“Credit-card rewards programs have vastly expanded access, tarnishing that 1% feeling; scanty buffets and cheap Chardonnay…”
30 April 2018 |AnnaMaria Andriotis | Wall Street Journal
Dustin Scott didn’t mind a six-hour layover in Atlanta’s Hartsfield-Jackson airport. The 30-year-old was looking forward to using an airport lounge, courtesy of his Sapphire Reserve credit card.
What he envisioned: a quiet space where he could relax and eat free before boarding his flight to Ukraine. What he found: A packed room with no available seats. A buffet with barely any food left. Toilet paper on the bathroom floor.
“You think, ‘Oh man, I have this lounge access, I can go in there and chill and there will be a bunch of business people on their laptops,’ ” said Mr. Scott, who works in promotions for a bike-share company. “And you go in and it’s like Disney World.”
Airport lounges were once a perk for business travelers and high spenders, a haven from the chaos of modern travel. Then more rewards credit cards started offering lounge access. And what was once an oasis now is more like a mall food court.
Losing that “1%” feeling has been jarring. Grousers say gourmet meals once on offer are now finger foods, and beverages are more likely to be guzzled than sipped. Overcrowding means seats often aren’t available.
Bruce Douglass, a 63-year-old IT executive who has been visiting airport lounges for 25 years, said lounge staff used to approach him to ask if he would like a drink, and the food available would be a full entree.
Today, Mr. Douglass has to stand in line for a Coke. He said the food options consist of cheese squares, crackers, soup and “what passes for salad.”
Lounges in the U.S. “have really gone downhill,” he said.
Travelers say a turning point came in 2016 when JPMorgan Chase & Co. launched its Sapphire Reserve credit card. It became a huge hit, offering big rewards to offset a $450 annual fee. One of those was a Priority Pass membership that provides entry for the cardholder to around 60 lounges at U.S. airports and around 1,200 world-wide—with as many guests as desired.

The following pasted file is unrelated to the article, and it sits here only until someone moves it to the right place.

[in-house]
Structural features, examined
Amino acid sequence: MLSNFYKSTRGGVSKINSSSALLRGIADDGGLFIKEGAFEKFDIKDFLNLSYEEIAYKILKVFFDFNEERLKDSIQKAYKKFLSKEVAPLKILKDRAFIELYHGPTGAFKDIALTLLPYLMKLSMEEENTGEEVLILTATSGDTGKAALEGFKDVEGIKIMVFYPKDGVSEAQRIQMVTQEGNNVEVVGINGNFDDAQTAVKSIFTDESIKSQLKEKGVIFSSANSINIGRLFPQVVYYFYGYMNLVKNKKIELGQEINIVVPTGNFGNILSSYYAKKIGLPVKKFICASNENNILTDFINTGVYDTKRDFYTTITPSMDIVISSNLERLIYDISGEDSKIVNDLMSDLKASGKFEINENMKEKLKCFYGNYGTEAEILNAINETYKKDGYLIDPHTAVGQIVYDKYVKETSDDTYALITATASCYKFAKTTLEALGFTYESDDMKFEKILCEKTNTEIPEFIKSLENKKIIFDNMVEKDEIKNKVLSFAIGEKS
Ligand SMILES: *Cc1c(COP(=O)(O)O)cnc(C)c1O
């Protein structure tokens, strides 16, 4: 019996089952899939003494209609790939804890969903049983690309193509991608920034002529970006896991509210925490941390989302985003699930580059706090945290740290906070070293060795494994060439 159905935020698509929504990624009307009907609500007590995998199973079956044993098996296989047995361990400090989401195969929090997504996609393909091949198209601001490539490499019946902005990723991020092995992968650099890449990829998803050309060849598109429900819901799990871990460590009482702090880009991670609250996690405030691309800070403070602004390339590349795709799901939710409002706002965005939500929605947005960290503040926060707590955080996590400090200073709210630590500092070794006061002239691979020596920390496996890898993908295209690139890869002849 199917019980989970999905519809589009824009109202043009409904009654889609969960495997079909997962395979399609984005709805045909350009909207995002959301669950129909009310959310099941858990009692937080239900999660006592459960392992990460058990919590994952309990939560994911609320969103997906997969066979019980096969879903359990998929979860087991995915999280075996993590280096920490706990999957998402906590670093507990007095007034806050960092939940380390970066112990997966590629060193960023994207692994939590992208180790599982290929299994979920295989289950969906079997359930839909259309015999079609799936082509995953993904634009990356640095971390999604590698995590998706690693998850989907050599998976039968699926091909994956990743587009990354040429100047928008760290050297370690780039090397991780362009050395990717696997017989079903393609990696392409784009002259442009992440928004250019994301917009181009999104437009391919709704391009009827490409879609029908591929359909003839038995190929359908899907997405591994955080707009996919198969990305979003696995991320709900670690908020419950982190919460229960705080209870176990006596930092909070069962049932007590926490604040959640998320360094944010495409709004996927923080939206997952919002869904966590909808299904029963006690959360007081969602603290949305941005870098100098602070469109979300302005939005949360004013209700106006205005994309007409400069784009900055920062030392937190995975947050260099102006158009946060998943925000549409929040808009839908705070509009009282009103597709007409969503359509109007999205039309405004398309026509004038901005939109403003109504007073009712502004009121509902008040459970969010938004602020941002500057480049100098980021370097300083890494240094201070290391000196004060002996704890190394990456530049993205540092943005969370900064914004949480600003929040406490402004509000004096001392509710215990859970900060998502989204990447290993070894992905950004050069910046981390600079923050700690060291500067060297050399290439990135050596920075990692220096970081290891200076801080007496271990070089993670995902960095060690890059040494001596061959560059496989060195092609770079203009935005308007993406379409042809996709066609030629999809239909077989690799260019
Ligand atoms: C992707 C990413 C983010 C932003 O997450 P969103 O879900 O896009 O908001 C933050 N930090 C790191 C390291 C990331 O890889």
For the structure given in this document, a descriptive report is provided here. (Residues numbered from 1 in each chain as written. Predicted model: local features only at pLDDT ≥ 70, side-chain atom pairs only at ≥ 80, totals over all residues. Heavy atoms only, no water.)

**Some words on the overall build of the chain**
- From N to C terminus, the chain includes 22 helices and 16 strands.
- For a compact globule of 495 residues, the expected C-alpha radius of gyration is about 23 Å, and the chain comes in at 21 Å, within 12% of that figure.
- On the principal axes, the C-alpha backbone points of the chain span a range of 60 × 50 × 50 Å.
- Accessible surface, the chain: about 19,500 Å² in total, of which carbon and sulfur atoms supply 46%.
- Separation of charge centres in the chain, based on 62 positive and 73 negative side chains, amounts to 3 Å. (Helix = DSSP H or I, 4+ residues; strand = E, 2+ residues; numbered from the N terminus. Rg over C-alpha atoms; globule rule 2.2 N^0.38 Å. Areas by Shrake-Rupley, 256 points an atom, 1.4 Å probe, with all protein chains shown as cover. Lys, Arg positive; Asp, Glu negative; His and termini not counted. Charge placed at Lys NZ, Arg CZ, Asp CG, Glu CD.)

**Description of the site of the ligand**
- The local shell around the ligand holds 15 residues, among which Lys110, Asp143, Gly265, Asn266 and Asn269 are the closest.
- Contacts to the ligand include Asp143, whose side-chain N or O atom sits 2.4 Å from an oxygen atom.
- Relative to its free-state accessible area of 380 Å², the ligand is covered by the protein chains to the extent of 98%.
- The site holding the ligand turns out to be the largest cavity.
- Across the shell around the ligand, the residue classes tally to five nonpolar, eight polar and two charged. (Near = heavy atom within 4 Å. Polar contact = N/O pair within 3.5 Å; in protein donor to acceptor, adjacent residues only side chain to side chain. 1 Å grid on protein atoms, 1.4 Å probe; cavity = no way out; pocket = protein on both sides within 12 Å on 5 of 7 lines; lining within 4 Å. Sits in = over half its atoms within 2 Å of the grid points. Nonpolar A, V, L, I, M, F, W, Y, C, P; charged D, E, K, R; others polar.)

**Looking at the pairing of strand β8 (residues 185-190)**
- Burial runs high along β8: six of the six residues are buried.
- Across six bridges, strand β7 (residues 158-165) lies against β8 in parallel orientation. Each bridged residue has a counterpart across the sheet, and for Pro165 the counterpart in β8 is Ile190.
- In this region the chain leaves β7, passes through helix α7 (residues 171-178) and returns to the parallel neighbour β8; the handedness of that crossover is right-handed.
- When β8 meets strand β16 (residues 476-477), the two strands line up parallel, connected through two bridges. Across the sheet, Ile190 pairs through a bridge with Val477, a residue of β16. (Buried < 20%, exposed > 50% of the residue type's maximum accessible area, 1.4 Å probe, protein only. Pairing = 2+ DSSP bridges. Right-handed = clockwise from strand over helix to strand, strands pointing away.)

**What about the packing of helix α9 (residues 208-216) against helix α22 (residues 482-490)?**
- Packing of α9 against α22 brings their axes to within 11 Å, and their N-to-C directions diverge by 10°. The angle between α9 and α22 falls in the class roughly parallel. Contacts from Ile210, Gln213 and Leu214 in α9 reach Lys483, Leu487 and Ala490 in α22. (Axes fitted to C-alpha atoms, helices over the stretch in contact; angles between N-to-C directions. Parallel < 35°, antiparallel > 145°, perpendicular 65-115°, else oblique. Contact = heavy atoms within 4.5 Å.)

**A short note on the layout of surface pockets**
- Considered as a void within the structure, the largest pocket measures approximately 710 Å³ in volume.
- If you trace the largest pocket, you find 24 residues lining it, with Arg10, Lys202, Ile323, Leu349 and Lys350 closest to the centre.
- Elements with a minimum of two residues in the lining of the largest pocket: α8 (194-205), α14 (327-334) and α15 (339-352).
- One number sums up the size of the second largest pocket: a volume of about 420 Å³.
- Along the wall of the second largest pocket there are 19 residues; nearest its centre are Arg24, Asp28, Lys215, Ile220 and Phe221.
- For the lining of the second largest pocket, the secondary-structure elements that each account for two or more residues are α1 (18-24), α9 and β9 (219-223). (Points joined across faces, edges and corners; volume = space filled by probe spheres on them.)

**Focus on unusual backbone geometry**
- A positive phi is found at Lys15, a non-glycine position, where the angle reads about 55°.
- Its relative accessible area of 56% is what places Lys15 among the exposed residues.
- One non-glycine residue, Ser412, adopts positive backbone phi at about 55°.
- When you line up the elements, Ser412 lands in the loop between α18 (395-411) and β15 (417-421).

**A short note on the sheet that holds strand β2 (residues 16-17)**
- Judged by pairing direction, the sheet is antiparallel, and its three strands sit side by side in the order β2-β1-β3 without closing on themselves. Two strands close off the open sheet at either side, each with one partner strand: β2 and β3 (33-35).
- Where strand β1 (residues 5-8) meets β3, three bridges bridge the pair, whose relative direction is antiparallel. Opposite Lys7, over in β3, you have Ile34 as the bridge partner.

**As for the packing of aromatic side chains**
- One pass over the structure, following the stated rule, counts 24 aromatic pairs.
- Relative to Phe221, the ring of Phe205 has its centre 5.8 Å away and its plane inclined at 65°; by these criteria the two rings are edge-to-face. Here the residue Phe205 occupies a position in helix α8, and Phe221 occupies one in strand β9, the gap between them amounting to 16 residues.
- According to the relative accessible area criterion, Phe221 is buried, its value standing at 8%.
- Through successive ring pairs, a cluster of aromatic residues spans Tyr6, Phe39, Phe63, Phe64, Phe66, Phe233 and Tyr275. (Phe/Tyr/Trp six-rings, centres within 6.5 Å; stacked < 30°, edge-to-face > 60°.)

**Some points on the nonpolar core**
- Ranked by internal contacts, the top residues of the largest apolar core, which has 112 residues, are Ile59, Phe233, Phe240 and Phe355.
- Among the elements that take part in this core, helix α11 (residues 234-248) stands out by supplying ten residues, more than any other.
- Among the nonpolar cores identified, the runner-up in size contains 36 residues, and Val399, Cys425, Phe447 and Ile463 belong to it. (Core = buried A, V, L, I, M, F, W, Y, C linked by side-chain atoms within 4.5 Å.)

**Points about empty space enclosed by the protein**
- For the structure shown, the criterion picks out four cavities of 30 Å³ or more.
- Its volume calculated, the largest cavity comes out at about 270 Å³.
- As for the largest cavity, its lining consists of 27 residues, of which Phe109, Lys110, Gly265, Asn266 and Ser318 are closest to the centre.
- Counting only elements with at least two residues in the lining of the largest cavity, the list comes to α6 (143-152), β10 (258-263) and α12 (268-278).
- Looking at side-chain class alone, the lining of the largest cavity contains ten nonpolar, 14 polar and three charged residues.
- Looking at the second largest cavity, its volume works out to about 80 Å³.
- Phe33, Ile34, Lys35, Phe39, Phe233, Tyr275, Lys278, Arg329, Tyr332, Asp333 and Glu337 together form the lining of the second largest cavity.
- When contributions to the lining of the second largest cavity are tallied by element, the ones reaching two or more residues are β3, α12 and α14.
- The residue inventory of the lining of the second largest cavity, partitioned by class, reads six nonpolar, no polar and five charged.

Other cards also offer Priority Pass access, including the Platinum card from American Express Co. and the Prestige card from Citigroup Inc.
Original Link | The Airport Lounge, Once a Refuge, Is a Total Zoo
Priority Pass benefits have become so widespread that wait lists at lounges are now a thing. Mary Osorno and her husband tried to visit one in March at the Dallas Fort Worth International Airport. A receptionist told Ms. Osorno to expect a 45 minute wait to get in. Ms. Osorno said they didn’t bother—the wait would be longer than their layover.
Still, Ms. Osorno has been on the other side. After running the Boston marathon in April, she visited a lounge at Boston’s airport, and brought in seven of her friends as guests. They spent an hour or so drinking and eating popcorn before their flight.
Sheryl Pflaum, an executive vice president at Collinson , the parent company of Priority Pass, said “unfortunately, lounges may reach capacity from time to time” and that the company works with lounge operators to address problems. The company said a new lounge in the Dallas airport will open this summer and will more than double the current seating.
Bill McGuinness, a 57-year-old real-estate developer, was at a Centurion Lounge, which is open to certain American Express cardholders, in Seattle in April when a woman placed her toddler on a bar table. She stripped him down to his diaper and changed him into his pajamas. Mr. McGuinness said the woman then ordered a cocktail and talked on her phone while her son was “running laps” around the lounge for the next hour.
His biggest pet peeve about the various lounges he has visited: people stacking piles of food from the buffet on their plates and loading up on cheap Chardonnay. “The whole thing is so bleak,” he said. People are behaving like “farm animals.”
“The majority of our card members report having very positive experiences within our Centurion lounges,” said an AmEx spokeswoman. Spokeswomen for Citigroup and JPMorgan, which don’t own or manage Priority Pass affiliated lounges, declined to comment.
Garett Ng admits to getting carried away. He had drunk three glasses of free “bottom-shelf whiskey” he said at a Priority Pass affiliated lounge in Boston last November when he realized his flight to San Francisco was boarding. The 36-year-old health-care analytics manager ran to the snack bar and stuffed five granola bars into his jacket—“the chewy ones for kids.”
“It was just a panic,” he said. “I often joke I have this undergrad mentality, ‘Oh free food, you have to grab it quickly.’ ”
Lounges are trying to rein things in. Following complaints from cardholders, AmEx is expanding some of its Centurion lounges and restricting access to holders of Platinum and Centurion cards, which carry annual fees of $550 and $2,500, respectively, and some business cardholders.
Priority Pass, meanwhile, is dealing with the crowds in a new way. It’s offering food and booze credits of around $28 per person, with one catch: People have to leave the lounge to use them at restaurants in the airport.
Original link: The Airport Lounge, Once a Refuge, Is a Total Zoo